3.5 was a success, and rightly. But success has a way of going to our heads. Sometimes we forget that the success we are experiencing in flight comes from having launched ourselves off the shoulders of giants. WoTC was never really the mother of any of this.

    Except maybe for collectible card games. But as to the Mother Game, they are proving consistently, by failing more the farther they move from it, that it was never their brainchild in the first place. In short (too late now, I know), much success has been heaped upon them that was not actually earned internally, and it’s not surprising that they would then flounder when left to their own devices.

  • March 14, 2011 at 9:19 pm

    Translate this however you want, but I think it’s safe to say we at Emerald Press have done more than our fair share as an independent publisher (I hate the term “3pp”) to promote the entire spectrum of non-WotC published 4e material through Combat Advantage, both the ezine and website. To date, we have over 40,000 downloads over 20 issues. As a publisher, the primary objective is to attract readers to our products through free, promotional material. We have provide all 4e publishers the opportunity to preview their material within our pages, conducted interviews, and more. Were we publishing Pathfinder, I’m EXTREMELY confident Paizo would make a point to showcase Combat Advantage (which would be redundant, I know, because why would a Pathfinder mag be called “Combat Advantage?”).

    Over the past few months, we have made several attempts to contact WotC to discuss the GSL through interviews or off-the-record shoulder nudges. All disregarded. It’s not a lack of an answer, it IS an answer. I am in total agreement with you, Chris, there would be a considerable difference in our market were WotC to at least ACKNOWLEDGE our presence. They made an effort, but I’ll be goddamned if anyone there would ever return an email to say “Sure, we’ll add you to our 3pp link page.” I’m not even sure that page still exists.

    I think this shows a considerable difference between management styles. I support D&D in all its forms and, like Mr. Dias, have chosen to focus my attention on 4e as a more challenging approach than the “simpler” (given with no intended offense) applications with Pathfinder. That being said, I can’t bring myself to support WotC’s decisions on utilizing that brand. They pulled all PDFs from the market; Paizo put out their core book for free. Who’s #1 now? Any good manager learns from their competition. Call it unoriginal thinking, but when you fall from your pedestal, you have to look at how your competition beat you so you can learn from their triumph and kick them right back down. As it stands, there’s nothing like that on the horizon. This lack of confidence from WotC towards their own GSL demonstrates to their customers that the GSL is a spot of bother. If they don’t respect it (or us), why should everyone else? Hell, even I’m starting to wonder what I’m doing here and I’m a stubborn SOB.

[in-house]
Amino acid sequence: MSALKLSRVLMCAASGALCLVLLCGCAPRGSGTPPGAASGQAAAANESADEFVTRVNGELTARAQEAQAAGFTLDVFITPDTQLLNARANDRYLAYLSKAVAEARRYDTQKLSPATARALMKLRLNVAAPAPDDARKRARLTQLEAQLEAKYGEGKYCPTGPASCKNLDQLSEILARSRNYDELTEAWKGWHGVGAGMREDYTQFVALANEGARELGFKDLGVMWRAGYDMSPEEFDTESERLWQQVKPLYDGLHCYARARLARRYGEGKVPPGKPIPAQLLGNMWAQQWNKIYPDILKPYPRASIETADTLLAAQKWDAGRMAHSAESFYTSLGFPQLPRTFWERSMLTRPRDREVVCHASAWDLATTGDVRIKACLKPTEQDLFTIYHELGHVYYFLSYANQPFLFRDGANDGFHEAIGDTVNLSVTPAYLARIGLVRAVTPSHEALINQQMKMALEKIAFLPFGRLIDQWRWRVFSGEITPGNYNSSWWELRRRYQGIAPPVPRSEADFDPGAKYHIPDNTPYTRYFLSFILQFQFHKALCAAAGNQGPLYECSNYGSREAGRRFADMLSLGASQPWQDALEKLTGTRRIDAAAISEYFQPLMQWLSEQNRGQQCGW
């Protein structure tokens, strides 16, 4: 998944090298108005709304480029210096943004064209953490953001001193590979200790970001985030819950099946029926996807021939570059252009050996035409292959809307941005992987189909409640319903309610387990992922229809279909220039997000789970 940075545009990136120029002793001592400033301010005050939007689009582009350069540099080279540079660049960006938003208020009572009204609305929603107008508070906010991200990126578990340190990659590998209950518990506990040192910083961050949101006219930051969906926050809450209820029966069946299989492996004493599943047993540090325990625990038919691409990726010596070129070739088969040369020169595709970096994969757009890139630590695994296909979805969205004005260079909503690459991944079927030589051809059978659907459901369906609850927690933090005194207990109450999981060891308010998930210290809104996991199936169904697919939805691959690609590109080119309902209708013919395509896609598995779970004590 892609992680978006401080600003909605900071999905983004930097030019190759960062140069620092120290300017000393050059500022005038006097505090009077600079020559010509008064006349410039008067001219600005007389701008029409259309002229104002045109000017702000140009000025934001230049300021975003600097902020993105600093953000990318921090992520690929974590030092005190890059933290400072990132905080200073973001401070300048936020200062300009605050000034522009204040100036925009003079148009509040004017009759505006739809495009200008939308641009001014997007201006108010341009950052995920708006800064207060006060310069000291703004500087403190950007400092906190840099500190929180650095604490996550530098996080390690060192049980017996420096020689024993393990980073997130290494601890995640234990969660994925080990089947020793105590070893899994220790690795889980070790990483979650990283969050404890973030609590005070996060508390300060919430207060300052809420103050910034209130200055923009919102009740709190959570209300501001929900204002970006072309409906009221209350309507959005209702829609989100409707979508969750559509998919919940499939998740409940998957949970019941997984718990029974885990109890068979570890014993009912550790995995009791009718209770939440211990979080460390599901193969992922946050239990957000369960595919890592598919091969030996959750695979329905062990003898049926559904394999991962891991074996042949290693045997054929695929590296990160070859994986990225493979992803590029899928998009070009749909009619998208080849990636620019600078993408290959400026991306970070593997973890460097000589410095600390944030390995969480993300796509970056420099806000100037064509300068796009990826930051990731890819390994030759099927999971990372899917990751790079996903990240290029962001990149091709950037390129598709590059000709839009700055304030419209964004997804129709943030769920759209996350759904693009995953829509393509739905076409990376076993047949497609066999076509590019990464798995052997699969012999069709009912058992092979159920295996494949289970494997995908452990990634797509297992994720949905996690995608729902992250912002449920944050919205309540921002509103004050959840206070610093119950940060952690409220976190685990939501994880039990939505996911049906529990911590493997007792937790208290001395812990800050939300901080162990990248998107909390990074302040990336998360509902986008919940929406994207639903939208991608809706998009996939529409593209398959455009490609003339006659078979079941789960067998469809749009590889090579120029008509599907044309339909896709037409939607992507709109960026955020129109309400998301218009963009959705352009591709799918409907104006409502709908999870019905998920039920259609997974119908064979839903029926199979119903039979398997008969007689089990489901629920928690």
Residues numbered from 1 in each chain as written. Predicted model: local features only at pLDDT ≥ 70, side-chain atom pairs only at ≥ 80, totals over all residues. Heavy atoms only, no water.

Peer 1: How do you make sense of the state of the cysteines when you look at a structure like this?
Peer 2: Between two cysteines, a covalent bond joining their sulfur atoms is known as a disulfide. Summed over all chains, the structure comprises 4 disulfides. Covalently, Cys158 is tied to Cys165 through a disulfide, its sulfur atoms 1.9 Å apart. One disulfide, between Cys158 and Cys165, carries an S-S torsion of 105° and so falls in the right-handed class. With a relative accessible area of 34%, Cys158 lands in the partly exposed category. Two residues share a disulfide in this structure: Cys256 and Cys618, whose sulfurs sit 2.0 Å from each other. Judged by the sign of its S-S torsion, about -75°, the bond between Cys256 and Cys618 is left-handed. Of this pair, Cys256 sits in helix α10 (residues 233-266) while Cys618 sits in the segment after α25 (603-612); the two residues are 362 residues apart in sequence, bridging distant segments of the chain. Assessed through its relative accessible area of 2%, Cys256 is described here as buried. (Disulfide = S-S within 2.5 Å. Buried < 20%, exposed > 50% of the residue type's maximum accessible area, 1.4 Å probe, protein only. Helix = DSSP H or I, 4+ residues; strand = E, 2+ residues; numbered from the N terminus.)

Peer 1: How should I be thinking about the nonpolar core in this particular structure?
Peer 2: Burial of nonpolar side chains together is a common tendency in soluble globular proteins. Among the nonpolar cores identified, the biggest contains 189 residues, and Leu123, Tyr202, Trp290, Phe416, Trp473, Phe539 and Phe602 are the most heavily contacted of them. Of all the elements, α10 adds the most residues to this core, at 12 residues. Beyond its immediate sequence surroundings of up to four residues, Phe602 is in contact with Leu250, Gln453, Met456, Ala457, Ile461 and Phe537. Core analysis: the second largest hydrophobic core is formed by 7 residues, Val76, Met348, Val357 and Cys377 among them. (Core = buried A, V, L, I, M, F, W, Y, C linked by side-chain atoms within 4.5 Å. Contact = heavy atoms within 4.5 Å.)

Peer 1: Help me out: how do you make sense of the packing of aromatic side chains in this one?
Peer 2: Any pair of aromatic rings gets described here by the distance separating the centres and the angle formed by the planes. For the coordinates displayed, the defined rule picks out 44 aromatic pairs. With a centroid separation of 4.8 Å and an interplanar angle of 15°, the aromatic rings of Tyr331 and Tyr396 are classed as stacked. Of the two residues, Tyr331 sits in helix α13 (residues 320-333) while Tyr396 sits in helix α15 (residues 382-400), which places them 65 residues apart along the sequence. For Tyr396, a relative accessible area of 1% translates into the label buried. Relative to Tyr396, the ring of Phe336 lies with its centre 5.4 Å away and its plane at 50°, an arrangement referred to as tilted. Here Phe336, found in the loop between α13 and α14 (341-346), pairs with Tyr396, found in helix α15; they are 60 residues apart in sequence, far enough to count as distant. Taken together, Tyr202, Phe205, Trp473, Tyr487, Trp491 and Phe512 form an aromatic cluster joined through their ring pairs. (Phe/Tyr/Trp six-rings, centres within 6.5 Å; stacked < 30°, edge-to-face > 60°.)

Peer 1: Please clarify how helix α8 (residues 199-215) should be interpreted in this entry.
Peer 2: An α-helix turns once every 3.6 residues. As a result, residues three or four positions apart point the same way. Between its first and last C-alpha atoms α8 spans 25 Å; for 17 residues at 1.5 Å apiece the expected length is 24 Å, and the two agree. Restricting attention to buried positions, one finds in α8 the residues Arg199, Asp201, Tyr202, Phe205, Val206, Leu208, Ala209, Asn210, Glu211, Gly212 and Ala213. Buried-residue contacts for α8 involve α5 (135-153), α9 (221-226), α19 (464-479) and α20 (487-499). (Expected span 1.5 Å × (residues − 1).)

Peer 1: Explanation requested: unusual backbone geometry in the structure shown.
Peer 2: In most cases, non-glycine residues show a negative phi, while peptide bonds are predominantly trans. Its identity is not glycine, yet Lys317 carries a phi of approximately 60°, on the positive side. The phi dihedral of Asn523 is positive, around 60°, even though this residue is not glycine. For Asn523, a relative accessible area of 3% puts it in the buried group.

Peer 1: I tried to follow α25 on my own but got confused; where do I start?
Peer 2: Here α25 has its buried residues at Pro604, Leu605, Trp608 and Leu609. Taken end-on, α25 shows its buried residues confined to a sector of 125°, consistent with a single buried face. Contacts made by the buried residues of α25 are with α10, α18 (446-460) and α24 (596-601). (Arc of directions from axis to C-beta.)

• March 18, 2011 at 4:09 pm

    Chris you definitely have my support. I’m not holding my breath that WotC would change their ways, but it would be nice if they realized that by supporting the 3rd party publishers (particularly since the GSL prevents wholesale copying of the core books) they are in fact supporting themselves.

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  • May 25, 2011 at 2:46 pm

    I wish, I really wish WOTC would read this and bother with it, but it just won’t happen. WOTC is starting to become the Games Workshop company of RPGs. The company everyone hates but still uses their products from time to time but would really love a change in things.

    I will support Dias Ex Machina Games as long as they keep producing an excellent product.